Three Imaginary Girls

Seattle's Indie-Pop Press – Music Reviews, Film Reviews, and Big Fun

Parenthetical Girls @ Neumos 05.31.08

Portland’s Parenthetical Girls are the masters of the sublime, crafting dreamlike fairy tale states out of jagged melodies and fragile poems. To anyone familiar with them, it’s no surprise that they’ve chosen to release the most wonderfully contrary holiday songs to mark the season… and, oh dear, are we a sucker for festive limited edition vinyl.

From the P-girls website:

Happy Holidays–

Let it be known that no one was more disappointed with last year’s conspicuous absence of a Parenthetical Girls Christmas release than Parenthetical Girls themselves—if only because we were alone in noticing. Allow us to quietly atone with this year’s entry in the Parenthetical Girls Christmas Archives: The Christmas Creep single. Our Double-A-Side Christmas Gift To You:

“Thank God It’s Not Christmas“—Inspired by two discreet stone classics from the Mael’s bloated back catalogue, our rendition of Kimono My House’s resolutely anti-holiday anthem attempts to shoehorn the song into the style latter-day Sparks records—specifically, 1983’s In Outer Space. We didn’t say it was a good idea.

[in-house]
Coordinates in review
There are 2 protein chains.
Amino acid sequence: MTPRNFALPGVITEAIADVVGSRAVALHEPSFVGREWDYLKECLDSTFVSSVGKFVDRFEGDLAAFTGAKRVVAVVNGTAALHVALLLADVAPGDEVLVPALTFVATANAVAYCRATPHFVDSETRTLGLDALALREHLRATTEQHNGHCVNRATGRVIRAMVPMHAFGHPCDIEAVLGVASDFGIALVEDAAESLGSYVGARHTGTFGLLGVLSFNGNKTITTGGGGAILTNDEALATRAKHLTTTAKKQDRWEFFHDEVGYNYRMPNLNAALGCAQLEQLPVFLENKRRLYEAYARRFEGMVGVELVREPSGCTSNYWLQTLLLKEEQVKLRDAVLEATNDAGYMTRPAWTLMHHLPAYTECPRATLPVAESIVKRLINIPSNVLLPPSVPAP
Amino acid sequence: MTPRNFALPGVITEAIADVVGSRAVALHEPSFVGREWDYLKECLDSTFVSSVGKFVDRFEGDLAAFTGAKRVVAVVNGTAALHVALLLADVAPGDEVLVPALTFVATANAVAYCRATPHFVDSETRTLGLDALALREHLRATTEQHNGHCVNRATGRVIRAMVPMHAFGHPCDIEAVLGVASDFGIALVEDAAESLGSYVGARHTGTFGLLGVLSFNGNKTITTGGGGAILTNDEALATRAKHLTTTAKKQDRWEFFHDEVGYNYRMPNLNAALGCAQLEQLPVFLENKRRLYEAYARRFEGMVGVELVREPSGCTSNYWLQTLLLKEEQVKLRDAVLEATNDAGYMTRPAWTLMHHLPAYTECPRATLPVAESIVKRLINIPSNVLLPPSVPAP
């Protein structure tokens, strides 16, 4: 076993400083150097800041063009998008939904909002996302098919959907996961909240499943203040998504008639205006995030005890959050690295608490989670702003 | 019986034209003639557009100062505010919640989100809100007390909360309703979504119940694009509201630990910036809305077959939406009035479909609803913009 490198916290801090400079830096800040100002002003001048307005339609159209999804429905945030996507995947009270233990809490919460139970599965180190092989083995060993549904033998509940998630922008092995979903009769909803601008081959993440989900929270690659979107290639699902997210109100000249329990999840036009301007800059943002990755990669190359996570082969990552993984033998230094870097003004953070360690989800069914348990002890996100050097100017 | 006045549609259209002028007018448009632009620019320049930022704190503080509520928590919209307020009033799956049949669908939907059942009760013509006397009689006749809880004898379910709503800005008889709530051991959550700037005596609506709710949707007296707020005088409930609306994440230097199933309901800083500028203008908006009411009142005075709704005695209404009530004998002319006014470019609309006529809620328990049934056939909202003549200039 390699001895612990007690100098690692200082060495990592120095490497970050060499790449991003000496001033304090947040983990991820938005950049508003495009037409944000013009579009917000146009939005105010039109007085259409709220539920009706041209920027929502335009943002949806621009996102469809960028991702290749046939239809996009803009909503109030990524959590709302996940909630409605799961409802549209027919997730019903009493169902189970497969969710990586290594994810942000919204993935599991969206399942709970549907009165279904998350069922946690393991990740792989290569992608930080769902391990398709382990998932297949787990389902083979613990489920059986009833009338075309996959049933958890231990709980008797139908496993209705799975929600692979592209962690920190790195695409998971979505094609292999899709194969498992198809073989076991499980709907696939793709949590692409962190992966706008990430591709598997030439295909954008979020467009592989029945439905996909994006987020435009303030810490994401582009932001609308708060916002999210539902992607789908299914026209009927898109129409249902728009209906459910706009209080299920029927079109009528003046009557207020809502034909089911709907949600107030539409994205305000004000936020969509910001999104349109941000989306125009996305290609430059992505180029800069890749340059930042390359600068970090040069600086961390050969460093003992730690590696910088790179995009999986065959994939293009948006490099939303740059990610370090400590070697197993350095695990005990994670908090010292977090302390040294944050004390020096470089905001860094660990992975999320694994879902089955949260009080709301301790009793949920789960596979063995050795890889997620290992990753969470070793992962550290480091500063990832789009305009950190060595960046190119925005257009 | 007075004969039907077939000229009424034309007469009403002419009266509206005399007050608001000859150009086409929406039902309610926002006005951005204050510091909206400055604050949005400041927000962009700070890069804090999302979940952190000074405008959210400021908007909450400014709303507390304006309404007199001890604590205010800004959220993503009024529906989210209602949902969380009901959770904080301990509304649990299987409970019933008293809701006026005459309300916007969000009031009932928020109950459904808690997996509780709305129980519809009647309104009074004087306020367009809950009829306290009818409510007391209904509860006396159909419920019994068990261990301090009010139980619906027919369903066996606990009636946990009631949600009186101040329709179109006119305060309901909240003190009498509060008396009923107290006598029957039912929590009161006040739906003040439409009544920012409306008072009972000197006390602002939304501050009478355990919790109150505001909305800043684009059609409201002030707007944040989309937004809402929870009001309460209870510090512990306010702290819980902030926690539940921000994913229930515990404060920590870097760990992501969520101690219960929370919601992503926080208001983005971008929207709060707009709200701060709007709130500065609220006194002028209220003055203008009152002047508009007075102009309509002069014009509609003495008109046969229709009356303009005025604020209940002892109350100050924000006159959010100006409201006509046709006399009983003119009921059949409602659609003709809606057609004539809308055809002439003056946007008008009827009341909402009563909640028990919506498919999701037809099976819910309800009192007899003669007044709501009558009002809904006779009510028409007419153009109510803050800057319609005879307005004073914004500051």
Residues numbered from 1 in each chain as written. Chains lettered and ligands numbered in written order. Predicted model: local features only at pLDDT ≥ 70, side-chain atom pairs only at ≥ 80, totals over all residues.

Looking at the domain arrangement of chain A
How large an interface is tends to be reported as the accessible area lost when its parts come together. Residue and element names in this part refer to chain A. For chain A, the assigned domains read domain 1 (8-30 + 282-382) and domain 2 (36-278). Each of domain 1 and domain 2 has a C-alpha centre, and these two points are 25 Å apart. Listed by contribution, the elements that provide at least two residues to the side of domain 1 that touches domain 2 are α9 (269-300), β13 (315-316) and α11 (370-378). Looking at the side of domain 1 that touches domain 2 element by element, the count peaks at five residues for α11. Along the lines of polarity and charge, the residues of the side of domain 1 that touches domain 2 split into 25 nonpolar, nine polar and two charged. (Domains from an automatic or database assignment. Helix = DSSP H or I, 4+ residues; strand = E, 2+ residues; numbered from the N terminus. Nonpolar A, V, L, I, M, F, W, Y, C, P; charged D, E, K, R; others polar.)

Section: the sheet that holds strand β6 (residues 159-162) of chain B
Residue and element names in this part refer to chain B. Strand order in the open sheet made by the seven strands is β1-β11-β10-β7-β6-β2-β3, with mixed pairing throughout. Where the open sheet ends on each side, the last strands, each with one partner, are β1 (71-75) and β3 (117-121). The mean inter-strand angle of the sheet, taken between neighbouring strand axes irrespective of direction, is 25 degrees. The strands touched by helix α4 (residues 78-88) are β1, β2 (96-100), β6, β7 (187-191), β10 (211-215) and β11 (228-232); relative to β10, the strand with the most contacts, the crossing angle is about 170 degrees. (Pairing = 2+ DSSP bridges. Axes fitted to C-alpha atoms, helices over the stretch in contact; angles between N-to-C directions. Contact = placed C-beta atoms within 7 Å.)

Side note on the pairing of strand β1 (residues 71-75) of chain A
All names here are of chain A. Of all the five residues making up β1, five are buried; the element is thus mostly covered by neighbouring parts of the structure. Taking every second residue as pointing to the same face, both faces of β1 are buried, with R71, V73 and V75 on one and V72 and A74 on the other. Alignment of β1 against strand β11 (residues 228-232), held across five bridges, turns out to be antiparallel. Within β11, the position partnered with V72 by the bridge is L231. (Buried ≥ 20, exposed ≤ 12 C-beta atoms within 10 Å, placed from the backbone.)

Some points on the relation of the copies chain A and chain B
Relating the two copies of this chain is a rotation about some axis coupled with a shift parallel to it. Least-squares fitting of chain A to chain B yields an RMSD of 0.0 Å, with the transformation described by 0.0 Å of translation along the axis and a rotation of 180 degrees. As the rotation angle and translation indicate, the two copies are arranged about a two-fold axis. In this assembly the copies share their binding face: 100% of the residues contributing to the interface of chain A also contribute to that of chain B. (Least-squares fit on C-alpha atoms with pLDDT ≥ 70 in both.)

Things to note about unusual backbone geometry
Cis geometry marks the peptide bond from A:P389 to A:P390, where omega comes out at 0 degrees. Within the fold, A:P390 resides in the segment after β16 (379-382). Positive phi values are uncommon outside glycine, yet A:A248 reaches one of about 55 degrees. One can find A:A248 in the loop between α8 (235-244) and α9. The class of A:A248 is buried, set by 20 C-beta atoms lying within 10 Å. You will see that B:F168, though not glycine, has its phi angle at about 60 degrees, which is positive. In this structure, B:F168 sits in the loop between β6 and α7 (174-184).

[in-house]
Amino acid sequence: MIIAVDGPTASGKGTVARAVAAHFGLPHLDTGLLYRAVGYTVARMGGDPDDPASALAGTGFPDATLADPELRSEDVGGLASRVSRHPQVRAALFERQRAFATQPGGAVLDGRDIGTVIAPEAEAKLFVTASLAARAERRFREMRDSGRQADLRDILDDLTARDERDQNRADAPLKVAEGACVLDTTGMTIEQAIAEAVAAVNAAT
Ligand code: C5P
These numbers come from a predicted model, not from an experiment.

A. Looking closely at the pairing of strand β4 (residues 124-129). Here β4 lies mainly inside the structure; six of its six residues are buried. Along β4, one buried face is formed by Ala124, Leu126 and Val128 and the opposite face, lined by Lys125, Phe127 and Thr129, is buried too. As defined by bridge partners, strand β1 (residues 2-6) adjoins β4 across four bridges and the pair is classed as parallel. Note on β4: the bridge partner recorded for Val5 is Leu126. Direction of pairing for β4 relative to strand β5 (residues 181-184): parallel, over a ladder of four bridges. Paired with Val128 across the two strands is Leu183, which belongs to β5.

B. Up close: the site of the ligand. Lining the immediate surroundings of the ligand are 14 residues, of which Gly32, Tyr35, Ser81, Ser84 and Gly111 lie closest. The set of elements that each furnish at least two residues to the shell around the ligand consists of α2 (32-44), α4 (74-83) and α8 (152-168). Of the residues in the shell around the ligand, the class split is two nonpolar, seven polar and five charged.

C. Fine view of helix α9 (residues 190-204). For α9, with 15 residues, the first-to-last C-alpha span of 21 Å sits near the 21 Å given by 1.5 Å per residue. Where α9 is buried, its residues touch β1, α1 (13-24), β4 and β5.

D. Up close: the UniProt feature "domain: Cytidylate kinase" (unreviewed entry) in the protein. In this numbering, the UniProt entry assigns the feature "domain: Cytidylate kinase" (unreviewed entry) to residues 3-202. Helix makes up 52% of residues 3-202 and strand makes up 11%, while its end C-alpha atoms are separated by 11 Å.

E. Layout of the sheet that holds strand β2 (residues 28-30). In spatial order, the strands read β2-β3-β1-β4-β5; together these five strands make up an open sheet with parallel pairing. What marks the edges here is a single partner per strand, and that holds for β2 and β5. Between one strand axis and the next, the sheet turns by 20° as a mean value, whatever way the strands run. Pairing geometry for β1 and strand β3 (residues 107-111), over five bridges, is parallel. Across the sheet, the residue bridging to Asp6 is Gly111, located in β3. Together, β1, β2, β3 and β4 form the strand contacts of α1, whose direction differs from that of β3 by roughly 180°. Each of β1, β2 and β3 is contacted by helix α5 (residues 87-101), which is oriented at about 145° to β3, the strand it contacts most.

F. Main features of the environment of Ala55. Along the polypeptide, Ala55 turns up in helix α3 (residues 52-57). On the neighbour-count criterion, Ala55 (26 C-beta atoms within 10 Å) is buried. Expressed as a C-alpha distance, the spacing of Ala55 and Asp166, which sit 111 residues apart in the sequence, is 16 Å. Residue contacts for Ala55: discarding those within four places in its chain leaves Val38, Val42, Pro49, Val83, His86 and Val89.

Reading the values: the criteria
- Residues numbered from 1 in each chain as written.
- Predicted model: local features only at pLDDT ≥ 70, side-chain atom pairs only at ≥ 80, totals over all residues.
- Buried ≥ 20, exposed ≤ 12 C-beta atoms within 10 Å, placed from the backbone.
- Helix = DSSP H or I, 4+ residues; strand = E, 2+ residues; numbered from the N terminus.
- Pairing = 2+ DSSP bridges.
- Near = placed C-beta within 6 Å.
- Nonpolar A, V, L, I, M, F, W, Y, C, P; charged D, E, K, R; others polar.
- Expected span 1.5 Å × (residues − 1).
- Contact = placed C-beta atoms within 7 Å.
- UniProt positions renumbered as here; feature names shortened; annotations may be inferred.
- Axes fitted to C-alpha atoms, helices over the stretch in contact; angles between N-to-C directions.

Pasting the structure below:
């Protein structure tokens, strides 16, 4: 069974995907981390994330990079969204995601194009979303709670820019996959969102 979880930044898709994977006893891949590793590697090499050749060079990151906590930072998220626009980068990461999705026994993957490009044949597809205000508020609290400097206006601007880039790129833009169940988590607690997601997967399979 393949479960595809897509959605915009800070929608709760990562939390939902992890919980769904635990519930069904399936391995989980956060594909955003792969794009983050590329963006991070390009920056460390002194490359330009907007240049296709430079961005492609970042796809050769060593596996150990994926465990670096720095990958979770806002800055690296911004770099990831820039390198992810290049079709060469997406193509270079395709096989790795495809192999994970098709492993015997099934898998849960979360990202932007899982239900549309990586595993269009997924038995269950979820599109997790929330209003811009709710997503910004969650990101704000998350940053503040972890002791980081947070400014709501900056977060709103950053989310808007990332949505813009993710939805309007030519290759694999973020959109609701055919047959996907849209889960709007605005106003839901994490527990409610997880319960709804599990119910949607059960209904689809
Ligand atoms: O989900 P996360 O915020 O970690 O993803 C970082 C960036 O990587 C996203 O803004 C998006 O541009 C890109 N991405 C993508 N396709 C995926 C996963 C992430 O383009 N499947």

“Flowers For Albion“—A cheery original about the Christmas Blitz of 1940.

Furthermore, we’re pressing an extremely limited run of 7″s for the occasion this year, primarily as Christmas gifts for our friends and family (surprise, everyone!)—but we’ve decided to release a scant number of them publicly (150, specifically) to help defray some of the production costs. You’re more than welcome to just download the tracks above for free of course, but in the event that you might want to own a little piece of the magic, here’s the deal: The record will be housed in a fancy, letter-pressed sleeve handprinted by Zac, and will shipped just as soon as we get the vinyl back from the plant—on approximately December 15th… (hopefully) just in time for Christmas. Pre-order available here (, to ensure that you get a copy before they inevitably sell out. Because Christmas is nothing without commerce.

{Photo: Jeanine Anderson}